is a useful tool for showing the logic of an IF statement
 Can be used to help programmers organize their
thoughts and design projects more quickly
 UML includes several types of diagrams
 Activity diagram-visual planning tool for decisions/actions
for either the entire application or single procedure
4-8
 When entering IF statements the editor automatically
adds the Then and End If
 The editor attempts to correct errors by supplying a
colon if multiple statements are entered on a line
 The colon is a statement terminator
 Good programming practices dictate that there should be
only statement per line—so remove the extra colon if
found and correct the syntax
4-9
Conditions
 Test in an If statement is based on a condition
 Six relational operators are used for comparison
 Negative numbers are less than positive
numbers
 An equal sign is used to test for equality
 Strings can be compared, enclose strings in
quotes
 JOAN is less than JOHN
 HOPE is less than HOPELESS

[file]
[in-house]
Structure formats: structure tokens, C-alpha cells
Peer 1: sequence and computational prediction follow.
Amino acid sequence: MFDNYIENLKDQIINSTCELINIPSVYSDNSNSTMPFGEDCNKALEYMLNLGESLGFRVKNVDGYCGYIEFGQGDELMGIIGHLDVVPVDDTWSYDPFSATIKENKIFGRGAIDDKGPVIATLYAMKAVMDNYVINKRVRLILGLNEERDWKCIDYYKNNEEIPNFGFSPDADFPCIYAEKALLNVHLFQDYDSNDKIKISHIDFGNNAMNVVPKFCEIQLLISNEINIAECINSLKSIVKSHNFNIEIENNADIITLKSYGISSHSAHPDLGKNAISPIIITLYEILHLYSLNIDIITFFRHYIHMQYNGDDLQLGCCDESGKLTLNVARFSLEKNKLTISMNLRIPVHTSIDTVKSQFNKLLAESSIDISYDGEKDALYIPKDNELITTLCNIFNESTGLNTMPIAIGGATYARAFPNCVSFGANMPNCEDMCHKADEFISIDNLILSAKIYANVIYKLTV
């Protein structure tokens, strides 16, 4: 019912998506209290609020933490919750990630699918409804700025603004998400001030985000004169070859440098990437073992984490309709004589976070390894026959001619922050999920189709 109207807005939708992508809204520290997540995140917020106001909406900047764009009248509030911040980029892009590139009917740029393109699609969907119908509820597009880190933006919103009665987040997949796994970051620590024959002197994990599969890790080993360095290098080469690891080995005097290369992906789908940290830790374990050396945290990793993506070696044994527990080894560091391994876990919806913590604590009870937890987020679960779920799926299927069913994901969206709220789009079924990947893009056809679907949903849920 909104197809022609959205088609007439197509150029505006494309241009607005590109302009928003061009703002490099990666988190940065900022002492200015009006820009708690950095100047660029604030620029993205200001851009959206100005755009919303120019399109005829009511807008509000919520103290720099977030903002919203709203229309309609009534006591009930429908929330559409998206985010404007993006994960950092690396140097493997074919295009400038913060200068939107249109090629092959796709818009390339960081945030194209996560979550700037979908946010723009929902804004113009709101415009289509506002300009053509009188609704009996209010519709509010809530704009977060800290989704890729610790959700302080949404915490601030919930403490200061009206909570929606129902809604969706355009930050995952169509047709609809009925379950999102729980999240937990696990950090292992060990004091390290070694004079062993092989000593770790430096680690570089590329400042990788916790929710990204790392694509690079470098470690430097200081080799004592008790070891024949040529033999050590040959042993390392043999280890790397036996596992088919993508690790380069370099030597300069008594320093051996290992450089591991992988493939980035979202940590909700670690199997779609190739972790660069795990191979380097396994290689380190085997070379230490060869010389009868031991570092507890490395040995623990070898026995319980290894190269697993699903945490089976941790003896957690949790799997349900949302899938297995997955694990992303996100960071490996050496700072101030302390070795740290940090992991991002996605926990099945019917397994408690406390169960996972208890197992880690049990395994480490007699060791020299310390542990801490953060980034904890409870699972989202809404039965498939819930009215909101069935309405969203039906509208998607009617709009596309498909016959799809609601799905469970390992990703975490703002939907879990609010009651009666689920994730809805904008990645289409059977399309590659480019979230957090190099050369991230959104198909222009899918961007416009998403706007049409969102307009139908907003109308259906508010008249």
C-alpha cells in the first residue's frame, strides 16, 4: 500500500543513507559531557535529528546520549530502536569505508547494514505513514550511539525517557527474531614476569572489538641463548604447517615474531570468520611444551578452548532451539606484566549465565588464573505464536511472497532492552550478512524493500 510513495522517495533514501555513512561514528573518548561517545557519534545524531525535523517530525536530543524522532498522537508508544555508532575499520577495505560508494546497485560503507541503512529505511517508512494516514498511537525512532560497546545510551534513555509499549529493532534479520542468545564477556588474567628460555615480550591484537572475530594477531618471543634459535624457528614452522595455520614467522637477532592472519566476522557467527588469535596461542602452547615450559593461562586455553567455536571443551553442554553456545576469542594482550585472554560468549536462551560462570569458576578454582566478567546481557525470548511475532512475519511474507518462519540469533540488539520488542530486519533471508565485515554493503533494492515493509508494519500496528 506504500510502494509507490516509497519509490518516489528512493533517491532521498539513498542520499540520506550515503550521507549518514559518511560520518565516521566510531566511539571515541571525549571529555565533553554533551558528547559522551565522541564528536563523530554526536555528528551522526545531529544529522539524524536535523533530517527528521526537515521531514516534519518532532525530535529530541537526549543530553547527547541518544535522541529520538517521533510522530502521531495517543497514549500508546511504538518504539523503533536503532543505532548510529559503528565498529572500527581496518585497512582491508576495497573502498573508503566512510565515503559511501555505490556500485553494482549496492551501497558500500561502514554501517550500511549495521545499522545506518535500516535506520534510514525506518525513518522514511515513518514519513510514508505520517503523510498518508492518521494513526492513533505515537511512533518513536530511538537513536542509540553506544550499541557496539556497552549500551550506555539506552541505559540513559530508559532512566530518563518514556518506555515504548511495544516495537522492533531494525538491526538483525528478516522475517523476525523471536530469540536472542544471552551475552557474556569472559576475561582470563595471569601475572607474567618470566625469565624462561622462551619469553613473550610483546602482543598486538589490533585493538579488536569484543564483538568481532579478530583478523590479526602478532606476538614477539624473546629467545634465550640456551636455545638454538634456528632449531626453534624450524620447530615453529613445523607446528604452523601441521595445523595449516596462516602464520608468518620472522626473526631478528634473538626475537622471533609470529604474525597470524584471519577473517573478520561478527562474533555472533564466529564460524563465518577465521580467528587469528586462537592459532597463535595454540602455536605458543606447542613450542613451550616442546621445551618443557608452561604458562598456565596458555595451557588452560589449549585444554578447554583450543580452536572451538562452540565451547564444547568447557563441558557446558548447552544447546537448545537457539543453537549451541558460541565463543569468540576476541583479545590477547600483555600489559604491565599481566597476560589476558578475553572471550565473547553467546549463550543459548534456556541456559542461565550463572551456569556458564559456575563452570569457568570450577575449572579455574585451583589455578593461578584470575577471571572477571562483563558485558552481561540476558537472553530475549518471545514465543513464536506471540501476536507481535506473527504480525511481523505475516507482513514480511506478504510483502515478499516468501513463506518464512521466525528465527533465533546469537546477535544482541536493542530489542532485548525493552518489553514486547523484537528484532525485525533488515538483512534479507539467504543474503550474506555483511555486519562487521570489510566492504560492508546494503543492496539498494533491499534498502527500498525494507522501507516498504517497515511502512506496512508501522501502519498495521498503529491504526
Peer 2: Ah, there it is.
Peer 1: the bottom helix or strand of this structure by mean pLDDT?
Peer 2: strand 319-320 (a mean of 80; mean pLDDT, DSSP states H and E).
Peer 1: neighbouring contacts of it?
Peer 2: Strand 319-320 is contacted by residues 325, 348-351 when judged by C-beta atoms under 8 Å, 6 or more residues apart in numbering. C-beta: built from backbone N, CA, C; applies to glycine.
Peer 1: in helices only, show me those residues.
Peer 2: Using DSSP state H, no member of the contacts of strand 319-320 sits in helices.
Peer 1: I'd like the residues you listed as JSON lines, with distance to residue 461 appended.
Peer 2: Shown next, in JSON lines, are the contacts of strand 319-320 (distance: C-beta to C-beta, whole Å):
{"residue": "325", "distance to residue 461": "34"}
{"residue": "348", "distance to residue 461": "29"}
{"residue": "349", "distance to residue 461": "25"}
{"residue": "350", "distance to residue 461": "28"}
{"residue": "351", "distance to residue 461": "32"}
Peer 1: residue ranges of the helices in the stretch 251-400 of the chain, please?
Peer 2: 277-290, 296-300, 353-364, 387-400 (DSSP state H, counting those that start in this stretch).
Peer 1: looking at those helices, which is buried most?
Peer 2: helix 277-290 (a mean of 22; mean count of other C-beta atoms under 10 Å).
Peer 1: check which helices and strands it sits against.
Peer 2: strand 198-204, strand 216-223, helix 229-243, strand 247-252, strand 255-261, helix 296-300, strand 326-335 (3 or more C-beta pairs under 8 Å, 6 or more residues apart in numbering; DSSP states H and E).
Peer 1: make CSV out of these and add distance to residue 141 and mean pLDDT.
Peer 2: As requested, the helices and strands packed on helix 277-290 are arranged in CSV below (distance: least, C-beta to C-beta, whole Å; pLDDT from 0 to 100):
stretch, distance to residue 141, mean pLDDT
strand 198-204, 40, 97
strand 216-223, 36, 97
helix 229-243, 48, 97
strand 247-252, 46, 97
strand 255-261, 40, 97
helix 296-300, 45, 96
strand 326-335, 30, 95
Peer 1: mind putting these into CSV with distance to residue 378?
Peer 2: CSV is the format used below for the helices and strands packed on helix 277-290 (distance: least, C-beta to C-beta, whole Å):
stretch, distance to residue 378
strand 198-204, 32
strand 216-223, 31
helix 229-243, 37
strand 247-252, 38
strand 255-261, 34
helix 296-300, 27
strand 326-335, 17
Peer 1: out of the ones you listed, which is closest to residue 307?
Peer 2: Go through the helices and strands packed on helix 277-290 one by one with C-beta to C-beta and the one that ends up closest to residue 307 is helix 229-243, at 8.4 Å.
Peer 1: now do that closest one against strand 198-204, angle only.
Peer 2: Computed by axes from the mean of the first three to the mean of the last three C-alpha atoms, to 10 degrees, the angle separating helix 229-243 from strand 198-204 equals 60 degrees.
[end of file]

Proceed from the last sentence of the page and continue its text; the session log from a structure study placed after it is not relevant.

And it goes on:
 Numbers are always less than letters
 300ZX is less than Porsche
4-10
The Six Relational Operators
The test in an IF statement if based on a condition. To
form conditions comparison operators are used.
> < = <> >= <=
4-11
Comparing Strings
 Comparison begins with the left-most character and
proceeds one character at a time left to right
 If a character in one string is not equal to the
corresponding character in the 2nd string the
comparison terminates
 The string with the lower-ranking character is judge
less than the other
 Ranking is based on ANSI code, an established order
(collating sequence) for all letters, numbers, and special
characters
4-12